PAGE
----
Your son and daughter-in-law may now occupy the main yard home residence. You are used to being onsite to lend a hand and be the “hired help.”
Your intent to help out may be misinterpreted as “interference” not helpfulness.
This is where the line, “ I was just curious…am I doing things that are irritating you? My intent is to be helpful like my mother-in-law was. Just checking.”
Respect for all members of your farm team will be helpful. It will pay huge dividends in the emotional bank account of your farm family.
I happen to be a strong-willed daughter in law myself, so I would recommend honest, open communication to iron out those irritants that are interfering with your decision-making process. Ask yourself: “What do I need, and what is it that she needs that she is not getting? “ Then ask her!
Would you like help with farm succession planning and handling farm transitions? Contact me about my farm succession planning and farm family coaching!
If you enjoyed this article and you’d like to dive deeper, don’t miss these posts:
The 5 Ways of Dealing With Conflict on the Farm
How to Communicate To the Different Generations on the Farm
10 Things Millennial Farmers Want
This article was originally published on April 28, 2015, and has been updated.
You assume all daughter-in-laws are materialistic and no nothing about a business or a farm. How about the DIL that does a good portion of the work on the farm, has come up with operating money and signed her own name on the bottom line (along with her husband but not his parents) and still has a part time of farm job to help make ends meet? I did all of this and then my in-laws didn’t like how money was handled, because it was finally fair for the younger generation, so they convince soon to force the DIL out. I know other woman who were raised I farms and when they marry a farmer and she makes suggestions (because she’s been there done that) who are treated horribly. How about an article for that type of DIL?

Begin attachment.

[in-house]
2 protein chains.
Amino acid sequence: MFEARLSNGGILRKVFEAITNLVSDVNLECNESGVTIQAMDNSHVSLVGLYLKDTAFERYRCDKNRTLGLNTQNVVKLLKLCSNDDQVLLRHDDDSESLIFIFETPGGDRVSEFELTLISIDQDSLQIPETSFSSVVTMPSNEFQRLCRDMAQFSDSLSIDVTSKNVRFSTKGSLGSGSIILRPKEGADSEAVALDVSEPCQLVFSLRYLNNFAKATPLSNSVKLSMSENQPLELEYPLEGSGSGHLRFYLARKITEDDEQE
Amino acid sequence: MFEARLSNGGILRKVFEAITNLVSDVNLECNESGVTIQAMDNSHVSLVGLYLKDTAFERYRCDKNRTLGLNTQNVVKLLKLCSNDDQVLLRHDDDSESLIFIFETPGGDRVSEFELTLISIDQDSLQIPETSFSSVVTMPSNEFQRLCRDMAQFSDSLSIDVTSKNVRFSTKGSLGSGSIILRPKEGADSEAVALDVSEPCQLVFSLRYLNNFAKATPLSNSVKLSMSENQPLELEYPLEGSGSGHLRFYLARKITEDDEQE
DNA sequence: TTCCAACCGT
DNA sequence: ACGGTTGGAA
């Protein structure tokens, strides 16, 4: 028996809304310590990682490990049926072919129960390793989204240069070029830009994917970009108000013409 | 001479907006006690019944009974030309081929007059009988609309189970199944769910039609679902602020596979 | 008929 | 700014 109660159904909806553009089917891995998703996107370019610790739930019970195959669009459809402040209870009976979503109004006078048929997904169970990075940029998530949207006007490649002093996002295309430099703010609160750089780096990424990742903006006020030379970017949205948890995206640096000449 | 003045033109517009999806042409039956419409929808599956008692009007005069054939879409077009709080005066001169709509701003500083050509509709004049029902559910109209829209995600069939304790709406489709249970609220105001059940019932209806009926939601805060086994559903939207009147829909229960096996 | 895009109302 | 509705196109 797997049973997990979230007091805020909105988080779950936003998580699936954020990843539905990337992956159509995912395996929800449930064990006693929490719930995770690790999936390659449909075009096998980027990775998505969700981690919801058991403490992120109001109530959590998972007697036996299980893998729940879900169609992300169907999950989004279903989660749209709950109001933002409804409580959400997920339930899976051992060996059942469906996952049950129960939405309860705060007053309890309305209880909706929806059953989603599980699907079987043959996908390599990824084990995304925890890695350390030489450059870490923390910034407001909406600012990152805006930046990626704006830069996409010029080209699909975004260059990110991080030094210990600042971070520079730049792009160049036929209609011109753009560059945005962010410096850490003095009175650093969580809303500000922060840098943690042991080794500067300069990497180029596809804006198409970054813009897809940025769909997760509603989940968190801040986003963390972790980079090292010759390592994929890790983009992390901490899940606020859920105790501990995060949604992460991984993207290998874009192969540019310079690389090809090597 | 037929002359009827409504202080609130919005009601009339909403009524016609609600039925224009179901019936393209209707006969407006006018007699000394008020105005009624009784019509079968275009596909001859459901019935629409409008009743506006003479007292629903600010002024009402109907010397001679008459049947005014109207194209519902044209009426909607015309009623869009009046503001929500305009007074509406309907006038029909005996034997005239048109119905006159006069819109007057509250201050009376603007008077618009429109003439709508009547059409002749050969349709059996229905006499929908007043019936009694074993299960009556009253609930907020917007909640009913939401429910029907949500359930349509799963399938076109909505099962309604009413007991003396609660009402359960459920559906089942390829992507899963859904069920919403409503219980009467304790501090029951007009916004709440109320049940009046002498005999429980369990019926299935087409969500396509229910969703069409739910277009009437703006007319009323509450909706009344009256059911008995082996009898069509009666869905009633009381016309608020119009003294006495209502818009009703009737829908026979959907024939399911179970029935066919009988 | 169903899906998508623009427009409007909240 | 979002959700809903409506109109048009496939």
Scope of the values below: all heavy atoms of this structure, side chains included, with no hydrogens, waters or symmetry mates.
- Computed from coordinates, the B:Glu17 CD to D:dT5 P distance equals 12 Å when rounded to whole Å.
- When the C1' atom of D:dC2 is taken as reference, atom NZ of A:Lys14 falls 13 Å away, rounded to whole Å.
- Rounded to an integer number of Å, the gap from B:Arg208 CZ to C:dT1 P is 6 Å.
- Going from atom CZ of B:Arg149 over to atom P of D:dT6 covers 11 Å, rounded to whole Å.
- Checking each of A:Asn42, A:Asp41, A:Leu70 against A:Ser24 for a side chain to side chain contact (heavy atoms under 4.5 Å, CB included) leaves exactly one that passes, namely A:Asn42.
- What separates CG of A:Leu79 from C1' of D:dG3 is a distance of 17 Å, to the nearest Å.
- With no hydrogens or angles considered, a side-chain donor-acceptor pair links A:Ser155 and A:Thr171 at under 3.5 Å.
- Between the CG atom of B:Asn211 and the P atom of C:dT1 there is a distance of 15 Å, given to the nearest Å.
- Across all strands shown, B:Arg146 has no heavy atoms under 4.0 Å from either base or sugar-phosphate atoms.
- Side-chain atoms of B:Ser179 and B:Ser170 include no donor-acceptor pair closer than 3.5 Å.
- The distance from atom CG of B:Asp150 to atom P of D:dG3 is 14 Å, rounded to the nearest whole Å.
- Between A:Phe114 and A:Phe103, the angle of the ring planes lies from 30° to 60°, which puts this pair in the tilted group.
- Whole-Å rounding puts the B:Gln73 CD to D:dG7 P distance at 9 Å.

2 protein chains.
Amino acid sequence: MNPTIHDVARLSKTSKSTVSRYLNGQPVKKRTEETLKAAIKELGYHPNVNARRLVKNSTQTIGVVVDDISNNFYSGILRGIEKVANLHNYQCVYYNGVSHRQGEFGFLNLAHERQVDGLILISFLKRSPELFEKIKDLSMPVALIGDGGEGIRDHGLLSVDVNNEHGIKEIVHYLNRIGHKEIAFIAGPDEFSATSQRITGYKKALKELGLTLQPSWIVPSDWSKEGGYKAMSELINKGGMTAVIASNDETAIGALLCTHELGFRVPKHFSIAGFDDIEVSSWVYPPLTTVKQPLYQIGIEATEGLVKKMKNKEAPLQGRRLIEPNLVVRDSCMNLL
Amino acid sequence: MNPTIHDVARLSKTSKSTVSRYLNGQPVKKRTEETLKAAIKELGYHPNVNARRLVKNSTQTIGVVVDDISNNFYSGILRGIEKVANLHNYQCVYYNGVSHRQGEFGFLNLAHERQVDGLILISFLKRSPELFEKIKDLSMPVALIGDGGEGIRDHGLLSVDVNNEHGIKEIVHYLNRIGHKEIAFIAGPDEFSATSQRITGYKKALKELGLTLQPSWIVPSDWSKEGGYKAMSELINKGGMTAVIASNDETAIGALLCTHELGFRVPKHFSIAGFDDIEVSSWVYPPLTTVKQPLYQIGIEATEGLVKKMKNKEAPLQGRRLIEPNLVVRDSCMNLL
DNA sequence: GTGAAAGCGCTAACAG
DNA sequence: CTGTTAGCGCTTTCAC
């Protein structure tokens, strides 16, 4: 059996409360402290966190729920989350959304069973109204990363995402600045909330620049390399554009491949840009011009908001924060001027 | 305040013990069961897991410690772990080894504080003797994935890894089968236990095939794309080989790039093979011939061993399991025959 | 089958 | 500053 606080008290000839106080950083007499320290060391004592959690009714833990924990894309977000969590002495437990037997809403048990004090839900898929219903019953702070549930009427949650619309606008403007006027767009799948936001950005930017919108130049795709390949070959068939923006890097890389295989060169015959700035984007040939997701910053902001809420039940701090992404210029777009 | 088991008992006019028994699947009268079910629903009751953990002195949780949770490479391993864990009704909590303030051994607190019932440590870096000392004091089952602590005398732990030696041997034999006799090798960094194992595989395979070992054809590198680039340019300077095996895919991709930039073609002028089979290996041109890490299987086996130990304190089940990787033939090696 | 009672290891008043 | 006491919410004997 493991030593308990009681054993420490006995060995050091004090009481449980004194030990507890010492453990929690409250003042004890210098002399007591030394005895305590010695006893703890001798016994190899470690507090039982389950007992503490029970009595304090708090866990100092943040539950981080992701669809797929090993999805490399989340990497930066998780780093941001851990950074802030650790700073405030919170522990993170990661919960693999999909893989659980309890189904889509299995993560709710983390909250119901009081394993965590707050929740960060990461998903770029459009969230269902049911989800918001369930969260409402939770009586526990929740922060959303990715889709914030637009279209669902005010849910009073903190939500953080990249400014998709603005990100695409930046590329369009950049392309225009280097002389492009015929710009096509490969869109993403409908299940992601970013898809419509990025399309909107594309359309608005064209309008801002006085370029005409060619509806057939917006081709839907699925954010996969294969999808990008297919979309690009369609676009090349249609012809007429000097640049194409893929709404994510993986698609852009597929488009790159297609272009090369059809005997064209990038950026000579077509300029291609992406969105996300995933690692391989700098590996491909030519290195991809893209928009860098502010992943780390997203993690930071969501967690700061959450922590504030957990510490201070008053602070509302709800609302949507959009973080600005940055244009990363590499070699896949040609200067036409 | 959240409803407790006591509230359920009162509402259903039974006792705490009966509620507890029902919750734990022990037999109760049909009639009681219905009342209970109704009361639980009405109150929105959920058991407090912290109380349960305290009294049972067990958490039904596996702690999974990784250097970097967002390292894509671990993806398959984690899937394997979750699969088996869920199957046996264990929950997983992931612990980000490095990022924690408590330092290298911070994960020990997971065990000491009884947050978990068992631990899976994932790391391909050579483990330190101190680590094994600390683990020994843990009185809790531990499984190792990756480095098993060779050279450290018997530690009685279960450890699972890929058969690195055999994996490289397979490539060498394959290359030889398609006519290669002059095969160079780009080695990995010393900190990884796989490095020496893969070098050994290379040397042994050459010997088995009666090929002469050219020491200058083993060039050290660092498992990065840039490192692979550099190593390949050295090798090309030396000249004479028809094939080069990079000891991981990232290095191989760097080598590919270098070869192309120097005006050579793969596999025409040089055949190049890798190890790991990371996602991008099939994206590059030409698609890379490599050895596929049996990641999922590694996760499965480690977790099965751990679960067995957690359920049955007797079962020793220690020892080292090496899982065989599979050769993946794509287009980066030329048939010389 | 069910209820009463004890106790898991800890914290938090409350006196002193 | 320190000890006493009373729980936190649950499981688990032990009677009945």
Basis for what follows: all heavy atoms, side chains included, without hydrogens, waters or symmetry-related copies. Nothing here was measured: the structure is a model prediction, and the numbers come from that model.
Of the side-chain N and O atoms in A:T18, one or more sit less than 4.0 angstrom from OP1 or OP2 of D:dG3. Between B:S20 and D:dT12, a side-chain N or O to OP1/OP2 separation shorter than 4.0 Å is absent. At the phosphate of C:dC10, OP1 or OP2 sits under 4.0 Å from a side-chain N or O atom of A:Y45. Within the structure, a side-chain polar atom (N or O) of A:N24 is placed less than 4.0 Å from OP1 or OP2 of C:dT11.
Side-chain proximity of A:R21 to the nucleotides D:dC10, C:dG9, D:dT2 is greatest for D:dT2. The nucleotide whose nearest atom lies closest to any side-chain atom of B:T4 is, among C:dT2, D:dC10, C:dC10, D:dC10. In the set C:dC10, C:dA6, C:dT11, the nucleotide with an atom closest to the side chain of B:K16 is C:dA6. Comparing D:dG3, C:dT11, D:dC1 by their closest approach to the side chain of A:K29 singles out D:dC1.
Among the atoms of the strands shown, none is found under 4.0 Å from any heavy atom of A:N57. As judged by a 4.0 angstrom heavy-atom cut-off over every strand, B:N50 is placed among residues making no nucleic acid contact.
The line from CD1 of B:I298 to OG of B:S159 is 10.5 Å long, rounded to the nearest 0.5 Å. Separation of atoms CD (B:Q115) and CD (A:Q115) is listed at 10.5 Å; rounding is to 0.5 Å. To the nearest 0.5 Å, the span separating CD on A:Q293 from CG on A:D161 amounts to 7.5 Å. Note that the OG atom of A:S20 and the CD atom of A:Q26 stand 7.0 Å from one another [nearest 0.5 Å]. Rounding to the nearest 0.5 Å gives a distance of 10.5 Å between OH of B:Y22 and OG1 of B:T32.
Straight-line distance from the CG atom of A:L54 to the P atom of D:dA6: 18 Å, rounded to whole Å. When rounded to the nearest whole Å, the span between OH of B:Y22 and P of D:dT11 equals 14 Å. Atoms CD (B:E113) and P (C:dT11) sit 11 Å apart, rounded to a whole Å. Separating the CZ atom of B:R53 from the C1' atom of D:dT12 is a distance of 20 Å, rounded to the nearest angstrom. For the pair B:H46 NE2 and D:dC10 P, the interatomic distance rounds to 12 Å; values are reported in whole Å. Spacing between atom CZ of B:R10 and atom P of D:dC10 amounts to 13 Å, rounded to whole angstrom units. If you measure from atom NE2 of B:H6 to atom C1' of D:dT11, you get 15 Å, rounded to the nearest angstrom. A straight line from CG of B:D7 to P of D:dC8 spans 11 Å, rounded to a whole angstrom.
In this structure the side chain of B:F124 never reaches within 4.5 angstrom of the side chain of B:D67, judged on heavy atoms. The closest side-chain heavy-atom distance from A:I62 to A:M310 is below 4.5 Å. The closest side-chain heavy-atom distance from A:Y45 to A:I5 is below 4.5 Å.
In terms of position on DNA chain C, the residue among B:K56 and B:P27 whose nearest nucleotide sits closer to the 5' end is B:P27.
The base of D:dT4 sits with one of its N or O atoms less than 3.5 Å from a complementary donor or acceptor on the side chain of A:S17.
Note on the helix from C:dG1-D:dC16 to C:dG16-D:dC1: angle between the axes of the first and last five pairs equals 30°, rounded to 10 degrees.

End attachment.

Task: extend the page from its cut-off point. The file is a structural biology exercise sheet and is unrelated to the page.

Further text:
I would like to challenge your assumptions. Many DILs are very active as farm partners, and are very astute business people. Many of them also contribute off-farm income. I am not sure how your in-laws worked to “Force the DIL out” as you don’t mention what role the spouse played in this. I suggest that you get a copy of our book Farming’s In Law Factor at my store at http://www.elainefroese.com/store. We need healing stories, as there are plenty of negative stories to fill a book or two. Our book focuses on practical tools and approaches to solving conflicts and creating solutions where each person on the farm team can thrive and achieve their vision and goals. I am sorry for your pain and loss of your dreams on your farm. I hope you can find a way to a healthier relationship with your farm business partners. Some young couples do this by leaving and having joint ventures with folks who treat them well. “You get the behaviour you accept.”